The original viral marketing

I’ve settled into a routine as of late on this blog: a book review every week or so, thoughts on unusual or incredibly significant gaming news, and the occasional thought piece. These are the most fun to write, and they usually start when I see an article on something that’s not directly related to gambling and think, hmmm, how could this affect the casino world?

On the spur of the moment, I’ve decided to tag these as “deep thought” pieces, not because I’m especially profound, but in homage to the great Douglas Adams. In other words, I ripped the category off from him–it’s the name of the second smartest computer in history. In all likelihood, they will be on the shallow side.

As I was driving to work today, I was thinking about viral marketing, which is being bandied about as a revolutionary new form of marketing. Basically, this is manufacturing word-of-mouth advertising for a new good or service. By tapping into existing social networks, viral marketers spread news of their product like, well, a virus.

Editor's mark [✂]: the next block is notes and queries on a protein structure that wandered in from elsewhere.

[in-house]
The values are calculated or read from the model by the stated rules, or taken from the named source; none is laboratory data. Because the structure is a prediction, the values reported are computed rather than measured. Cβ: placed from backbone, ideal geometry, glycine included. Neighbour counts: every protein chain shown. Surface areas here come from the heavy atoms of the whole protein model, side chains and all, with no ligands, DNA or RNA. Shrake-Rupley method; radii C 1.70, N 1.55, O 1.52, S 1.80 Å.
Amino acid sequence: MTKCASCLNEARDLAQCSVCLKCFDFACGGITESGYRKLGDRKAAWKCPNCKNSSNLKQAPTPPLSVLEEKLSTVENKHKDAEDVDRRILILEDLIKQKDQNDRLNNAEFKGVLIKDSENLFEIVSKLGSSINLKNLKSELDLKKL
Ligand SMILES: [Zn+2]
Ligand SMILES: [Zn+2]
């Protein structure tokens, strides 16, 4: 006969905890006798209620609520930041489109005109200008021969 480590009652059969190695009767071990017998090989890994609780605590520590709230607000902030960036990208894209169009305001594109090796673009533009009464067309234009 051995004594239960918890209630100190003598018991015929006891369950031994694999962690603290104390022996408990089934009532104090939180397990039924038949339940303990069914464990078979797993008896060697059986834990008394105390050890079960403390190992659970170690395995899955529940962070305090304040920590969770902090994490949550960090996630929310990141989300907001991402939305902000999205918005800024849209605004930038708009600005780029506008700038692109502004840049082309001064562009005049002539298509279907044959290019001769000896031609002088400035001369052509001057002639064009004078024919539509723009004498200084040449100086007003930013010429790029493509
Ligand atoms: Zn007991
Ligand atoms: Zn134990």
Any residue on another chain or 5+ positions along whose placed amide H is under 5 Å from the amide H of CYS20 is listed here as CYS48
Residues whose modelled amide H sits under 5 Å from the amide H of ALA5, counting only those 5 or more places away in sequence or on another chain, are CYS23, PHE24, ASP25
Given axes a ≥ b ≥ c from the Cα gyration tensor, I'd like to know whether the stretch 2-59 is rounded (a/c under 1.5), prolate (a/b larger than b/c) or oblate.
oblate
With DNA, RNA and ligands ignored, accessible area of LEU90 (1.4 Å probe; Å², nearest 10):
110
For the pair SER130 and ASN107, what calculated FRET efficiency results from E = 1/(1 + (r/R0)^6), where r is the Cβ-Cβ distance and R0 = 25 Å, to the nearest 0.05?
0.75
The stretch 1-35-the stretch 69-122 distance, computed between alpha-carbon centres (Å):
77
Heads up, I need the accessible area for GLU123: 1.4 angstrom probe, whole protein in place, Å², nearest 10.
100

So viral marketers work at creating the pretense for excitement about something that most people know nothing about. The best example I can think of right now is the hype surrounding Gabbo from The Simpson’s episode Krusty Gets Kanceled.

It seems to me that gambling types have been doing viral marketing for quite some time. The original viral marketer was the humble shill. What’s a shill? I’m glad you asked:

One who poses as a satisfied customer or an enthusiastic gambler to dupe bystanders into participating in a swindle.
v. shilled, shill·ing, shills
To act as a shill.
1. To act as a shill for (a deceitful enterprise).
2. To lure (a person) into a swindle.

definition of shill by the Free Online Dictionary, Thesaurus and Encyclopedia.

Through a mean twist of history, just as viral marketing has become an accepted business strategy, casino shills are practically non-existent. Card rooms often have prop players, but they aren’t skills per se, because they are just there to fill the seat, rather than to induce players into betting unwisely.

Perhaps, under the rubric of viral marketing, some enterprising casino marketing exec will propose bringing back shills. Of course, they wouldn’t call them shills–they would call them “members of the street team” or something like that.

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